Over the past decade, Google has released a number of “dud” products, but some of those products lead to awesome additions in other ways.
The oldest example is with Google Wave, the “email replacement” collaboration tool. It never took off and is long dead, but brought the amazing real-time “everybody type at the same time in the same document” features to Google Docs.
Another Google product has a similar history. While Google+ isn’t completely dead yet, it’s been scaled back a lot and will never be as big as Google once hoped. However, inside of Google+ was a brilliant photo system that is a standalone product you should all be using — Google Photos. Here’s why:
First, it’s free for unlimited photos. You’re “limited” to 15 megapixel images, but that’s more than enough for anyone but the most serious photographer. My wife has more than 50,000 images in Google Photos and it doesn’t cost us a cent.
It works on most major platforms. It’s available for iPhone, Android and you can browse it on the web from any computer. This also means that if you change phones (whether it’s another iPhone/Android, or if you switch platforms completely) all of your photos are perfectly safe.
On your phone you can set it to automatically upload all of your new photos and videos. Better yet, you can tell it to only upload when you’re on wifi so that it doesn’t use up your data.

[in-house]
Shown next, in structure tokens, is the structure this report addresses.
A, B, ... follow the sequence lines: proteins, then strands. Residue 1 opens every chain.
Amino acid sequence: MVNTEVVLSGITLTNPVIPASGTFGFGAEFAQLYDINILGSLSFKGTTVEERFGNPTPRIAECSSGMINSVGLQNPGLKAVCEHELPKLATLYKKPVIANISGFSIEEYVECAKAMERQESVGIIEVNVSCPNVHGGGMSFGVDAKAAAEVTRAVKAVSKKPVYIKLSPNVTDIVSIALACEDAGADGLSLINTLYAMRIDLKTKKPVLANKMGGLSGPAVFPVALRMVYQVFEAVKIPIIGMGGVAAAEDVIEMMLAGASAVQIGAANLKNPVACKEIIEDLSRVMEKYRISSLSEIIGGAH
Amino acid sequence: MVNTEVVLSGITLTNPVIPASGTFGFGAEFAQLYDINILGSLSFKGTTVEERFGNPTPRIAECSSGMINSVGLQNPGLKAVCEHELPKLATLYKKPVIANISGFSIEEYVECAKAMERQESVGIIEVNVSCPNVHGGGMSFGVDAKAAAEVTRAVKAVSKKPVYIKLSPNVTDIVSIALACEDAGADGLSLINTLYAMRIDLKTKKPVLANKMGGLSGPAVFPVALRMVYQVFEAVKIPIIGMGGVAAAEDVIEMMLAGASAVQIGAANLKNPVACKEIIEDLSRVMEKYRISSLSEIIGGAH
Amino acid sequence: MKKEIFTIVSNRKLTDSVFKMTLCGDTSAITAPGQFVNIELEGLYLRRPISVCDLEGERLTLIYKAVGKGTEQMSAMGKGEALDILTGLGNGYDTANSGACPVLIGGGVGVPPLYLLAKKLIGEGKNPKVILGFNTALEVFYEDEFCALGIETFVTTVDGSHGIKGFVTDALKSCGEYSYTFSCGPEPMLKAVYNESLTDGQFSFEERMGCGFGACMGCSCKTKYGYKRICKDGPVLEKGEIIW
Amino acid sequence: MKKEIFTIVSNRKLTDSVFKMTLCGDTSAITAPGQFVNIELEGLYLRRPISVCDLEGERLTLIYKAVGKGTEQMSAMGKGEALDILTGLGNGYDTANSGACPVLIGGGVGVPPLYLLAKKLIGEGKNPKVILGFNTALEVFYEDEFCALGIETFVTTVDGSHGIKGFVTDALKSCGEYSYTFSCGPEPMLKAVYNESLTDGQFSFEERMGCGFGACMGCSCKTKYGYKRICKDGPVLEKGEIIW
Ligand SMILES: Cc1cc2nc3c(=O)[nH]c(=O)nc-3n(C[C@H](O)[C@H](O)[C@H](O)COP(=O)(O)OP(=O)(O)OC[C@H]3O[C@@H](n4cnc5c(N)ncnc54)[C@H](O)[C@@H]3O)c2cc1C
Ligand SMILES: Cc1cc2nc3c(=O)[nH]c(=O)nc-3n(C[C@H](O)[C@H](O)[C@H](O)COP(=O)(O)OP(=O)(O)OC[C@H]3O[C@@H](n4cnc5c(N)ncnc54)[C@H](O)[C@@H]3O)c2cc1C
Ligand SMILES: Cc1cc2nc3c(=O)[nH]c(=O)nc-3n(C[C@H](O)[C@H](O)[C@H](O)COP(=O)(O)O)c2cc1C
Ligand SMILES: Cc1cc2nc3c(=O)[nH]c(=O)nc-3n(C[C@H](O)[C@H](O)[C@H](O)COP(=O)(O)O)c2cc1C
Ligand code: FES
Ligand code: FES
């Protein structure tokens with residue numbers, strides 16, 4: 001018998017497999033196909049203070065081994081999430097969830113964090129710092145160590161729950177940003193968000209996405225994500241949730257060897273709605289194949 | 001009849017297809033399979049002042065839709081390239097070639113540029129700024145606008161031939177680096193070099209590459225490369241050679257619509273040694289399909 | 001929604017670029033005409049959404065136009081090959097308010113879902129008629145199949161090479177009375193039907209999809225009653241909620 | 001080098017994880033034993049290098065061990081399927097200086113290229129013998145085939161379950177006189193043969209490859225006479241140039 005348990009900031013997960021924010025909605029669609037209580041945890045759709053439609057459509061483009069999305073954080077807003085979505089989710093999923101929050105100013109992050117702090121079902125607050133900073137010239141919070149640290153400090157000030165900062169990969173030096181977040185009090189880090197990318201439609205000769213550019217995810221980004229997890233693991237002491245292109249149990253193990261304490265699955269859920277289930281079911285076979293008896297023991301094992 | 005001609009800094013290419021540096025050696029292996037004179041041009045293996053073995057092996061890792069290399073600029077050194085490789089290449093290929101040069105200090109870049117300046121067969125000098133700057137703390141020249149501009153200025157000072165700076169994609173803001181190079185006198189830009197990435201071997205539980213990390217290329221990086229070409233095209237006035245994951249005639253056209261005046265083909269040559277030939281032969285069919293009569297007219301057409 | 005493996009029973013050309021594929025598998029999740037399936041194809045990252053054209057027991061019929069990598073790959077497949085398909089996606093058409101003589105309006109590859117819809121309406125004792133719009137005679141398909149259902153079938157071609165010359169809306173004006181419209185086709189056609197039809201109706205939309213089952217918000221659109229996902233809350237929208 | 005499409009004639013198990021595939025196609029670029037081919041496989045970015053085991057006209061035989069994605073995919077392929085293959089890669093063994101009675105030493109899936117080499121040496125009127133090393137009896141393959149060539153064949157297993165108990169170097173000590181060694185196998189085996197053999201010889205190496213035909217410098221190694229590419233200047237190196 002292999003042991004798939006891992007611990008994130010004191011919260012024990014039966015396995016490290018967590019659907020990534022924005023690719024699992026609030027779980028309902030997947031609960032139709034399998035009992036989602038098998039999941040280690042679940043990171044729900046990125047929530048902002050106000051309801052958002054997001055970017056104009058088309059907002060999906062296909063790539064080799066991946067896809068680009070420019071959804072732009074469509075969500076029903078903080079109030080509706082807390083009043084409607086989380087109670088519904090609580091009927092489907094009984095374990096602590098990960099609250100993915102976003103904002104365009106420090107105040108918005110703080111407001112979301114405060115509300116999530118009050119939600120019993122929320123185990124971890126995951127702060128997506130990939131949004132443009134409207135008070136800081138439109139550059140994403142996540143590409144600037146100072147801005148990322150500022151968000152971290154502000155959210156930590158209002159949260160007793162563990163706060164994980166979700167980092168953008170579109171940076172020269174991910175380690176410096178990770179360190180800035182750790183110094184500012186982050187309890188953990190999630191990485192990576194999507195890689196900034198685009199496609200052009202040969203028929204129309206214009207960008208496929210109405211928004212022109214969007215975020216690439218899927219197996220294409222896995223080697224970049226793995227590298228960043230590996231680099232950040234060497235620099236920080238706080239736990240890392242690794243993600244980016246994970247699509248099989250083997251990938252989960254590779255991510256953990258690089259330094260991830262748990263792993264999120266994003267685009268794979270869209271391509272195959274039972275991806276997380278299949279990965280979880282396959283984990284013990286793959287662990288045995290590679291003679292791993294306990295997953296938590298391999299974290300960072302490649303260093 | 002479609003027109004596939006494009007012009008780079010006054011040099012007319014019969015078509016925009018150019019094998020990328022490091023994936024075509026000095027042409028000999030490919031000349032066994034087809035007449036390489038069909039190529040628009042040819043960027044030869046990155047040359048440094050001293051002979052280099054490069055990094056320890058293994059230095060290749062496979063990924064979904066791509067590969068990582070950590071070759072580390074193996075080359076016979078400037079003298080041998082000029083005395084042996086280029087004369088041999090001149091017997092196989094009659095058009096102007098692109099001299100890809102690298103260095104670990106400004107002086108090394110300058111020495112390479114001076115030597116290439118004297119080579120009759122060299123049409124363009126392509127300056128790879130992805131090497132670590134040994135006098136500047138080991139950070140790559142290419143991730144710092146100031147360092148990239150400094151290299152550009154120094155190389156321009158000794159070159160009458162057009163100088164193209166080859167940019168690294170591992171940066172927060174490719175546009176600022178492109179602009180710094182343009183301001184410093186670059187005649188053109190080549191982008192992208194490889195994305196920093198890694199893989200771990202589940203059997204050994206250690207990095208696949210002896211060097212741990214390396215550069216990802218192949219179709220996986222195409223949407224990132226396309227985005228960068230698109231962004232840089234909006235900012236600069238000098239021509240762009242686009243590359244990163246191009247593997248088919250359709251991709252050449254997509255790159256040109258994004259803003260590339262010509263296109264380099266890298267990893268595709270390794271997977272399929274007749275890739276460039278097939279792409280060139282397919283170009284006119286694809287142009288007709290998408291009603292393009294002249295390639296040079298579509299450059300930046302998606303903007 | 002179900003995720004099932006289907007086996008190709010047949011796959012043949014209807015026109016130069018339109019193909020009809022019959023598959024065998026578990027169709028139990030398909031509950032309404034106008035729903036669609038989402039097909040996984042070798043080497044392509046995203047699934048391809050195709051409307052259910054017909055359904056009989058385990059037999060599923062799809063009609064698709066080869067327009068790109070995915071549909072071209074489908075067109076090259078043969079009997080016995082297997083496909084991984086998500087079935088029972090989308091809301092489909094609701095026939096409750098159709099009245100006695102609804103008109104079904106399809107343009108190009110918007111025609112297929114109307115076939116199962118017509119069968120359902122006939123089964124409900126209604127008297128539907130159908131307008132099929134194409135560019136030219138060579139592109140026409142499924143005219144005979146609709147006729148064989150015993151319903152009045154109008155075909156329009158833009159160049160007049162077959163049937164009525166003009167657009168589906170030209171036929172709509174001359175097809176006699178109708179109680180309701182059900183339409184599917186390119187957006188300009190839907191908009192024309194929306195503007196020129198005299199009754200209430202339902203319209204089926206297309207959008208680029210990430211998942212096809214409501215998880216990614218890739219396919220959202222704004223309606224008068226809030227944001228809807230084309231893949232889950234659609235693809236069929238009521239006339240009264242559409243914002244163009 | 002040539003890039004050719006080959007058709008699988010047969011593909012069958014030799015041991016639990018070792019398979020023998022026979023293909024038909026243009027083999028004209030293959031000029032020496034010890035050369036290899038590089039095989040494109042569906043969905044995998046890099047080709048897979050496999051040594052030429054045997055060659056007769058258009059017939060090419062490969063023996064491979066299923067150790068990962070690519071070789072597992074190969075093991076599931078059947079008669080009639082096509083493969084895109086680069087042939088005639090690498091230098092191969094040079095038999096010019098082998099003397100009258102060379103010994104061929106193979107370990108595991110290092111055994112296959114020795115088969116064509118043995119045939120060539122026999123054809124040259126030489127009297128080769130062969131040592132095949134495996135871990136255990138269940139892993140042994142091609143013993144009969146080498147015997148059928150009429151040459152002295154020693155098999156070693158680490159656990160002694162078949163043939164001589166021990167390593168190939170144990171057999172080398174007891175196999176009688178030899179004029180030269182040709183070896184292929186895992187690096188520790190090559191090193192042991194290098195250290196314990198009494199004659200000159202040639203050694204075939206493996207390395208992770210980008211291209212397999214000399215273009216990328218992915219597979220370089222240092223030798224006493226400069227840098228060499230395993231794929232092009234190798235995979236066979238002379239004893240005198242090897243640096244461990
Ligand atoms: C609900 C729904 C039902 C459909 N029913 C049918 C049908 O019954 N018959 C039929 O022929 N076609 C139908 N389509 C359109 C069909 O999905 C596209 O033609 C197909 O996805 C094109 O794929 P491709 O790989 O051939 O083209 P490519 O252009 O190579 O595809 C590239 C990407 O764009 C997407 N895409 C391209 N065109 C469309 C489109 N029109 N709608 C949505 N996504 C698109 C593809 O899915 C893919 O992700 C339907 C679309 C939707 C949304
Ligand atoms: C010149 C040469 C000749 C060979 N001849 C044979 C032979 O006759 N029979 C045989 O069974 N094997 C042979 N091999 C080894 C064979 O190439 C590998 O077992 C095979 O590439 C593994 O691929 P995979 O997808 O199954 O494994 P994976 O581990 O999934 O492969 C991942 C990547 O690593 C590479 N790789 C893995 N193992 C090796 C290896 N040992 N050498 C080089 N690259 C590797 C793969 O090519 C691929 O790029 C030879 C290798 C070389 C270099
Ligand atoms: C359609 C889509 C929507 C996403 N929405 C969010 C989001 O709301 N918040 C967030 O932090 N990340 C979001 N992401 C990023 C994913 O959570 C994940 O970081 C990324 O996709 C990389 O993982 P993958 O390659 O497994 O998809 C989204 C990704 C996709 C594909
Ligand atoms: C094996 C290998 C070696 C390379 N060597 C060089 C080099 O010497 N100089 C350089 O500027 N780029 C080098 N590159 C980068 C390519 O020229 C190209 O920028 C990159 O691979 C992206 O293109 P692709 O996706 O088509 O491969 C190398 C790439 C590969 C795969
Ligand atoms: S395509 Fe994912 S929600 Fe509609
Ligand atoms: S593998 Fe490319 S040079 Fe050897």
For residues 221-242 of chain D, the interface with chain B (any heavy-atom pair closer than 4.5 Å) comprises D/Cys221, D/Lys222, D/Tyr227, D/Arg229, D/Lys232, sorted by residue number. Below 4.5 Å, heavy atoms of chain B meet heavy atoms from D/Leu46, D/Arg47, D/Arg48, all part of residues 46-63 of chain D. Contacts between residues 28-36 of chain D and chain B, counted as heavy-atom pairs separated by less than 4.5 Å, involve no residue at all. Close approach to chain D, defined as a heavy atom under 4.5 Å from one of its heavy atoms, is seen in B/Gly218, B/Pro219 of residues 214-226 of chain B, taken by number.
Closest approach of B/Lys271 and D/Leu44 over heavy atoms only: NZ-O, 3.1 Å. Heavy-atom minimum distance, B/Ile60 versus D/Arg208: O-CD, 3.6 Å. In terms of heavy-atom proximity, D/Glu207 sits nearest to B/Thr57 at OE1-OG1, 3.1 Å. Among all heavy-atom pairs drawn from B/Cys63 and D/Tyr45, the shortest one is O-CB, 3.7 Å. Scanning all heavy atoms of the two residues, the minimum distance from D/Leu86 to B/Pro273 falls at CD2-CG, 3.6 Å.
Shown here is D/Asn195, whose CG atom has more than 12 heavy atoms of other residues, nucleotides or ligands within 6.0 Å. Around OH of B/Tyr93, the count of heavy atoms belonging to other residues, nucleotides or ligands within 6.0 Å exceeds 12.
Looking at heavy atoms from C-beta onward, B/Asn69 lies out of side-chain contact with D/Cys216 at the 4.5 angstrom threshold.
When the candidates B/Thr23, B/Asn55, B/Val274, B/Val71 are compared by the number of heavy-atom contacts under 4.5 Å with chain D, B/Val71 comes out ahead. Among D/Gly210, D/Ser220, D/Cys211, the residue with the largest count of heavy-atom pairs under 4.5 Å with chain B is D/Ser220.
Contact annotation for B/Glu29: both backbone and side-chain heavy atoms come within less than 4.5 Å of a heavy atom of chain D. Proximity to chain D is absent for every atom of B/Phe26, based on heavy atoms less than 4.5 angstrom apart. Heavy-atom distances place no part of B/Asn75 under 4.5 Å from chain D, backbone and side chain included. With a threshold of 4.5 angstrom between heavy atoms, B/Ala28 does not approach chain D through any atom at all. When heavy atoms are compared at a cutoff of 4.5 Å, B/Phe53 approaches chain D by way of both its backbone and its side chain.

Free up space
Since Google automatically uploads all of your photos to the web, you don’t necessarily need to keep them on your phone eating up space. In late 2015 they added a simple option to “free up space”, which will delete every photo from your phone that has already been safely backed up. This Lifehacker post explains it further in-depth.
They have a fun feature in the Google Photos assistant (formerly called “auto-awesome”) that does neat things with your photos. For example I shot a series of still photos in burst mode, and Google automatically put them together into an animation:
Easy to leave
Last, it’s easy to leave. As I explained in my Brand Loyalty is a Bad Thing post, Google makes it easy to leave. If you decide there is a better solution out there, you can head over to Google Takeout and download all of your photos in one shot. Google Photos is an amazing product that I’ll likely continue to use for a long time, but I appreciate that they make it easy to leave if you find something better.
Do you use Google Photos for your images? If not, what do you prefer?